This week we’re talking about. . . NFTs

Digital art has hit the big time, reaching a $69m price tag

A cat meme for €500,000. A tweet for €3.4 million. A collage of digital art with a $69 million price tag. Welcome to the crazy world of NFTs.

A what?

NFT, or non-fungible token. The latest investment craze to grip the market, NFTs are unique or limited-edition assets that exist only in the digital world, such as an image, video or piece of music. They can be digital trading cards of sorts.

I don’t get it. Give me some examples.

Aside from the Beeple (aka Mike Winkelmann) and his $69 million "Everydays: the First 5,000 Days" collage? Jack Dorsey sold his first tweet on the platform he co-founded as an NFT, fetching a cool €3.4 million. Canadian musician Grimes netted about $6 million by selling 10 pieces of digital art.

In the United States, the NBA sells collectible NFTs as video highlights of games.


More tangible is Kings of Leon’s approach. The band is using NFTs for their new album and for golden tickets that will see fans bag a front-row seat for gigs on their future tours.

How does it work?

When you buy a digital asset, your ownership is recorded on the blockchain. That allows anyone to verify the ownership and authenticity of items.

While anyone can view the NFTs, the buyer has the status of being the official owner – a kind of digital bragging rights.

Artists can also get a royalty from subsequent sales, meaning they benefit if the value of the item suddenly surges and it then changes hands for a considerably larger sum of money.

Blockchain? Like Bitcoin?

Similar, yes. The underlying technology is the same. Blockchain works as a public ledger, allowing anyone to verify the NFT’s authenticity and ownership.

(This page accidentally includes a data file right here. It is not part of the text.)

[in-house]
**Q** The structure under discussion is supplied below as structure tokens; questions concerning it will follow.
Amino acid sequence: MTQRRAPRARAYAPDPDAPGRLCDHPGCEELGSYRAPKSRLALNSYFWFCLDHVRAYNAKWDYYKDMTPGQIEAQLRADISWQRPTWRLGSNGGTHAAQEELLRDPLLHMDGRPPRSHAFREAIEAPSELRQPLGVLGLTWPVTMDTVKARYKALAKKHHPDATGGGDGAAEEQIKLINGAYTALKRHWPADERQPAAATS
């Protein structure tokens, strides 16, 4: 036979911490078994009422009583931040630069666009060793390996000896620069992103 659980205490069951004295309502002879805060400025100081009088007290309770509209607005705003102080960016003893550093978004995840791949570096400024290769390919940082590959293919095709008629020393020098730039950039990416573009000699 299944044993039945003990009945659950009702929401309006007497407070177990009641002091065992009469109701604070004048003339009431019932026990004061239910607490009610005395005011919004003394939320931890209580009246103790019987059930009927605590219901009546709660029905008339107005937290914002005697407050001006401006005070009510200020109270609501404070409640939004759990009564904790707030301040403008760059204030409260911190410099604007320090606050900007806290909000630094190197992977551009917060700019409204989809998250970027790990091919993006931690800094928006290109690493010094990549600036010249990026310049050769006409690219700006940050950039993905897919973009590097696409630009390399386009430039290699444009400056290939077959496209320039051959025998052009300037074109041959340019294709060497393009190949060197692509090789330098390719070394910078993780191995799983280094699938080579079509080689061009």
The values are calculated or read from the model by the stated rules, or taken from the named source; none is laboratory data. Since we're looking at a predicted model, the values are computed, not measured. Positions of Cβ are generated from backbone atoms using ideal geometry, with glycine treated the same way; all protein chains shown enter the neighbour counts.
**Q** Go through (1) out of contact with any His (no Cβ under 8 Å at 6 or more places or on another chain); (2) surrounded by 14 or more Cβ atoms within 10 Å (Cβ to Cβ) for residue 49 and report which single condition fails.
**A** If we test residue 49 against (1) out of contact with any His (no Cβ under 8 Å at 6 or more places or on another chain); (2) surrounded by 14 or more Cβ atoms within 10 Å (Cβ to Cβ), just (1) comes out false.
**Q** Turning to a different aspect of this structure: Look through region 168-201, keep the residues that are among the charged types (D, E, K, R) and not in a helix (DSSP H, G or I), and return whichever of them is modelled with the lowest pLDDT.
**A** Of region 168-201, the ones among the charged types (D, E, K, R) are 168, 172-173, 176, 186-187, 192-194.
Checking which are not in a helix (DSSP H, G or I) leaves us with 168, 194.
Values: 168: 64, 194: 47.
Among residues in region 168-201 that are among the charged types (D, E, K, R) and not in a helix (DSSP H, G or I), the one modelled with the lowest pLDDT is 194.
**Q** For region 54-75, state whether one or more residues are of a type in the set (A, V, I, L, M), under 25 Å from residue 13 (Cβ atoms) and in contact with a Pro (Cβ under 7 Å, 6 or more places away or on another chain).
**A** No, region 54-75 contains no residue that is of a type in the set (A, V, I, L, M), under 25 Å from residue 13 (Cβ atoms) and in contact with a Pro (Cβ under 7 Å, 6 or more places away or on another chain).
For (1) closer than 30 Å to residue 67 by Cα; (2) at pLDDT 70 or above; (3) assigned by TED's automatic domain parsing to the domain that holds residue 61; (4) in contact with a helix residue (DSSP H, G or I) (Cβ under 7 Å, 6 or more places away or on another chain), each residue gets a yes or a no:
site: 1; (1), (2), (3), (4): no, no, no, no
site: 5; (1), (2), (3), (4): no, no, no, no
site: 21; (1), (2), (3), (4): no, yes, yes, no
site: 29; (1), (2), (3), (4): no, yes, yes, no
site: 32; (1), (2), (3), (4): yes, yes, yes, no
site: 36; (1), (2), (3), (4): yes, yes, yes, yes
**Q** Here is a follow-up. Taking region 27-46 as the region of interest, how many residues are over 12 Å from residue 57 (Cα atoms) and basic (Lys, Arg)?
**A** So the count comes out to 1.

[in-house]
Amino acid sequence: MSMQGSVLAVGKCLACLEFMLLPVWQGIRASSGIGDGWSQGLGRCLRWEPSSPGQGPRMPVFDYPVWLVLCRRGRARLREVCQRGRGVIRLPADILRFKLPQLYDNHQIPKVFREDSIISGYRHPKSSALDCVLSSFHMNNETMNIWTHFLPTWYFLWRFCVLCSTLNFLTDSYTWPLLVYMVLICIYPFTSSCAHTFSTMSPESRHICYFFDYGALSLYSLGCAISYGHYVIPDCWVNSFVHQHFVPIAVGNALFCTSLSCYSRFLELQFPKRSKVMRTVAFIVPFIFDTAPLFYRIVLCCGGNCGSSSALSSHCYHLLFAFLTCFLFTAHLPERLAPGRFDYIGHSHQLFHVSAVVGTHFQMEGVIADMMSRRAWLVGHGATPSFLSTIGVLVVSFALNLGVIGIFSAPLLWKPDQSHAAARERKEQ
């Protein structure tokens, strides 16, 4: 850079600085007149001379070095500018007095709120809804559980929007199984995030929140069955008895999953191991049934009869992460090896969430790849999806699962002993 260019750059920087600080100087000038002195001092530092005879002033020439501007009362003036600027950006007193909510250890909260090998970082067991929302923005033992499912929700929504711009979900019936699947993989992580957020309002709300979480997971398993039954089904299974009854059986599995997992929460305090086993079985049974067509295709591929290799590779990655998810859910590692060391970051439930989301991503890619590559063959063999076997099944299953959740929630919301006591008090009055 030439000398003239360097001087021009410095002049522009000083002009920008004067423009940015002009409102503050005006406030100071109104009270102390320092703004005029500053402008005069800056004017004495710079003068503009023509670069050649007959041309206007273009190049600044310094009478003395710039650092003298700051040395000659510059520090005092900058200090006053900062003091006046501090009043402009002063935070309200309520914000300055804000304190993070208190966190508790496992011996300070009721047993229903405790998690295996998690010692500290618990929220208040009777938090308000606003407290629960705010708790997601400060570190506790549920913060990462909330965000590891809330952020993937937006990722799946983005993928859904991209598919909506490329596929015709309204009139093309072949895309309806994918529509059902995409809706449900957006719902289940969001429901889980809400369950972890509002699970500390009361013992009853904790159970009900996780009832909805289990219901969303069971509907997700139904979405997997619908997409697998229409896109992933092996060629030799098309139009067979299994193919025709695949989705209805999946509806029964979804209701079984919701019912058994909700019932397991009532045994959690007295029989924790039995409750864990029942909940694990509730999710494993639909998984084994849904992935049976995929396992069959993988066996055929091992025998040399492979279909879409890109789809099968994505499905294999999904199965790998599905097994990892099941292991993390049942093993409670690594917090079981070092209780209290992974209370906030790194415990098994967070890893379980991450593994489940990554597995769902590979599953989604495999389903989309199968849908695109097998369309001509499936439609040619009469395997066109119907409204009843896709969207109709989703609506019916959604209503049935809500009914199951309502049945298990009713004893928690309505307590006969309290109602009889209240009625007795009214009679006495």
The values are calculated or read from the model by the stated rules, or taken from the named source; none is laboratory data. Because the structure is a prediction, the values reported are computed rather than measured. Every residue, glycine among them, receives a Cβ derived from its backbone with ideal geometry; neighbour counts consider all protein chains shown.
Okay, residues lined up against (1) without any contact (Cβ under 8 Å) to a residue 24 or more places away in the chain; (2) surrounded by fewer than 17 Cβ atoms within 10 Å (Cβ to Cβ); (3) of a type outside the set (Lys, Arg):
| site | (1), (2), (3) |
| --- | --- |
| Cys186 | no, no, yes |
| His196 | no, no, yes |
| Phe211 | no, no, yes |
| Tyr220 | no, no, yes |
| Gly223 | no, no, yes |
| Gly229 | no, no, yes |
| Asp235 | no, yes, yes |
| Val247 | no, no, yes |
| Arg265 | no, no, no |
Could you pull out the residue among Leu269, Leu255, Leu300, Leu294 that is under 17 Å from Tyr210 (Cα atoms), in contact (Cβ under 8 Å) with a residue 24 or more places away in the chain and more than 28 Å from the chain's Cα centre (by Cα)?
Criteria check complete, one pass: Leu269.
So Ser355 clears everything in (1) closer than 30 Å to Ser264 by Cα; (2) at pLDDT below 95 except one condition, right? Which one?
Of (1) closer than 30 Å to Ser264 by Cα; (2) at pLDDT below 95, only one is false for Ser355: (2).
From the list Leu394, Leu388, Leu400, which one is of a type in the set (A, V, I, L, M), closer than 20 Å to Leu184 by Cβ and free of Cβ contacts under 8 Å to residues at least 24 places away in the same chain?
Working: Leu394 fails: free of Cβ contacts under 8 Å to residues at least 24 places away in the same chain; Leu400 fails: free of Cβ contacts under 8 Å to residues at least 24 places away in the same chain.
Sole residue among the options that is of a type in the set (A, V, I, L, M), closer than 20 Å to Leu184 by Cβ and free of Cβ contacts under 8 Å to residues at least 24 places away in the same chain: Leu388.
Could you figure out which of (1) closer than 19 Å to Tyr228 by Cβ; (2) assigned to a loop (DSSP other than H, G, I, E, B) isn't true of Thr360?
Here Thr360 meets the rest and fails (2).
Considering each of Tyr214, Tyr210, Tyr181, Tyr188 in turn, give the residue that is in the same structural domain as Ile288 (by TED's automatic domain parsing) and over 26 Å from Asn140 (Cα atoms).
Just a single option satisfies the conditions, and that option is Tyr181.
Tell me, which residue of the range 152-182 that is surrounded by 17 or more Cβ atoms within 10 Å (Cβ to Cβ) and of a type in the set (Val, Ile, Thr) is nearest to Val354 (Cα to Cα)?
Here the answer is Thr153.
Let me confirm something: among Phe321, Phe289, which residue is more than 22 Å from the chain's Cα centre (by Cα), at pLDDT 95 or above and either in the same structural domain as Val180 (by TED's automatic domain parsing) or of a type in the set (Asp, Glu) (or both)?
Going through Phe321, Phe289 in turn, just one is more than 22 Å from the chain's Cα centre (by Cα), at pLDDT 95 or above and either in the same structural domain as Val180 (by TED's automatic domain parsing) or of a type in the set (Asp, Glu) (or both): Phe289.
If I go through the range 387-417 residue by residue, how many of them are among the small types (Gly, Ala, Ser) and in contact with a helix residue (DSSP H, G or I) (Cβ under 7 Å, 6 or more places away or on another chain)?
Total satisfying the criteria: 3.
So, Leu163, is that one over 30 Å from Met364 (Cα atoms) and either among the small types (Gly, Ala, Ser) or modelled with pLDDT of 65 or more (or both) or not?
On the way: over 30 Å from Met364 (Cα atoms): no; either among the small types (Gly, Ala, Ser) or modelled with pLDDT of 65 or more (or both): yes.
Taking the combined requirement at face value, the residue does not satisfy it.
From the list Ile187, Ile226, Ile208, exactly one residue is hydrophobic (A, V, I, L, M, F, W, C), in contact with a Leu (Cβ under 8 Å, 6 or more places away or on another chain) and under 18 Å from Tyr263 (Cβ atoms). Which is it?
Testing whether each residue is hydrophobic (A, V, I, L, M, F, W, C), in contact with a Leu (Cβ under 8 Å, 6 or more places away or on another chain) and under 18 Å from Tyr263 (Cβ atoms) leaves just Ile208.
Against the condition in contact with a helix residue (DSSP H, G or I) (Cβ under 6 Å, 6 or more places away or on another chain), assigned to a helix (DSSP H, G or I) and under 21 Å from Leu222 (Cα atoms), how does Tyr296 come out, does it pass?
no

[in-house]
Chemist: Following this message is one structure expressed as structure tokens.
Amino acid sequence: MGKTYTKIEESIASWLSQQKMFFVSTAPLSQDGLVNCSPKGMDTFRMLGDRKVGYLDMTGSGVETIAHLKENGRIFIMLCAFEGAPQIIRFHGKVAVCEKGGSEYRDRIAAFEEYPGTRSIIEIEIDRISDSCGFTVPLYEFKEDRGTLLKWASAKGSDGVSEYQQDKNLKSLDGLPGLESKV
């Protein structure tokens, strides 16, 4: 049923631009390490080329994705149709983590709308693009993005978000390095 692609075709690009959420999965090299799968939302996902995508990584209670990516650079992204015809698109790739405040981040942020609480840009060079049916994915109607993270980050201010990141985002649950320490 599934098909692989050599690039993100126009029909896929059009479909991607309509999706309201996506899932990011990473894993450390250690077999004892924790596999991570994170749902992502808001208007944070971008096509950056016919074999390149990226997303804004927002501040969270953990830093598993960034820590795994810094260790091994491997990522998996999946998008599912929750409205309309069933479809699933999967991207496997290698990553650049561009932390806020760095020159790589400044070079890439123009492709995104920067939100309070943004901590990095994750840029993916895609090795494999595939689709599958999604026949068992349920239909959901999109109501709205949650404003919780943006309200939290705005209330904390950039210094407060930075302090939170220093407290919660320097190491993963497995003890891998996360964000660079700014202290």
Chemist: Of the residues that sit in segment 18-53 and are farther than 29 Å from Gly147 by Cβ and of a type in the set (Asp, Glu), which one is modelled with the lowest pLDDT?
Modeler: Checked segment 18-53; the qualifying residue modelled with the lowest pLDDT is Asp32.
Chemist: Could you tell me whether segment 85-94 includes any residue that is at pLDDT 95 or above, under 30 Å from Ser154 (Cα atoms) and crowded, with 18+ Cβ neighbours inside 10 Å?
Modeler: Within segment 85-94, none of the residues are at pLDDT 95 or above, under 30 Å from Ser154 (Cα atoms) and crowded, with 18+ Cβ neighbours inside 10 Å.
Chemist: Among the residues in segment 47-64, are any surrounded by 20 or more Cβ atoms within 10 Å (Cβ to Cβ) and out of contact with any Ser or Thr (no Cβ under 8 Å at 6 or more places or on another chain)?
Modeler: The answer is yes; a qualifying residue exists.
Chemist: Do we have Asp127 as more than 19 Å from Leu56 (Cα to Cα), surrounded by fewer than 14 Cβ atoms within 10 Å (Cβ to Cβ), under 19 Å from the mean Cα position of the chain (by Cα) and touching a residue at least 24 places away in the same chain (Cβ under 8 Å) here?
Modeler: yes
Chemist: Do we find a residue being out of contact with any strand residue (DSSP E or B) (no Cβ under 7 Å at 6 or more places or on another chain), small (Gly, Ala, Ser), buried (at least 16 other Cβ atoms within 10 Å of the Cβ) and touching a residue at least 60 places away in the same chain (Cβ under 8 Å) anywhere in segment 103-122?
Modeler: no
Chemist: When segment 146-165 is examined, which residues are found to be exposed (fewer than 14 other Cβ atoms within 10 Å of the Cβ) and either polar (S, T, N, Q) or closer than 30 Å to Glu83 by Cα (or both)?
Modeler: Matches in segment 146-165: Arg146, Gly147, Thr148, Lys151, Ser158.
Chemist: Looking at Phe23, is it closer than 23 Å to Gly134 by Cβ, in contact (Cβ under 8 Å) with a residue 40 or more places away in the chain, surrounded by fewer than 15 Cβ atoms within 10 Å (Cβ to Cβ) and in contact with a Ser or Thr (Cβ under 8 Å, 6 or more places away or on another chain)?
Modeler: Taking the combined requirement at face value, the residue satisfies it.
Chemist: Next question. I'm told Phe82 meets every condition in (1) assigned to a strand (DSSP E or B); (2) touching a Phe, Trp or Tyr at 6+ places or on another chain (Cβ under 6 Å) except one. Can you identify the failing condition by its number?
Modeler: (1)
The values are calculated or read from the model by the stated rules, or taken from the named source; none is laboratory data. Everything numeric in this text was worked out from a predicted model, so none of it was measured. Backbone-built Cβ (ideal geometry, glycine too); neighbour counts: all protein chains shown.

Do I need to have cryptocurrency to buy NFTs?

No. Although some items are paid for using Ether – Beeple’s artwork was – NFTs are also bought and sold using old-fashioned dollars.

It’s digital though. Can’t I just get it for free?

Yes, you can. But owning NFTs means you essentially have bragging rights. NFTs have a unique digital signature, so while other people can still view it or download a copy, they not the registered owner of the work.

Think of it as similar to the way that you can own an original painting but other people can buy a reproduction. There is the one key difference in that you don’t have anything physical in the same way that you would with a painting, but you get the general idea.

Are they all that expensive?

No. The more high-profile sales have hit the headlines in recent weeks, but NFTs vary wildly in price. Like all art, they are only worth what people are willing to pay for them, so you’ll find items with an offer of a few dollars to a few hundred, to a few thousand and more on the marketplaces.

I want in on this. Where can I buy them?

You can buy NFTs on marketplaces such as Nifty Gateway (see what they did there?), OpenSea, or MakersPlace, among others. Take your pick; there are plenty to choose from. You can buy directly from the creator in scheduled “drops or on a secondary marketplace online.

Where will this end?

Who knows? While NFTs are almost certainly in a bubble at the moment, they aren’t likely to go anywhere when that bubble inevitably bursts. NFTs have been around since 2017, but it is only in recent weeks and months that we have seen the big-ticket items hit the headlines.

It’s hard to gauge true value though. That hot digital art item you paid a few thousand dollars for last month may be worth less in a year’s time. There is also nothing to stop the creator from selling identical NFTs to the one you have just invested in, so choose your artists wisely. It’s all a bit of a gamble.

Ciara O'Brien

Ciara O'Brien

Ciara O'Brien is an Irish Times business and technology journalist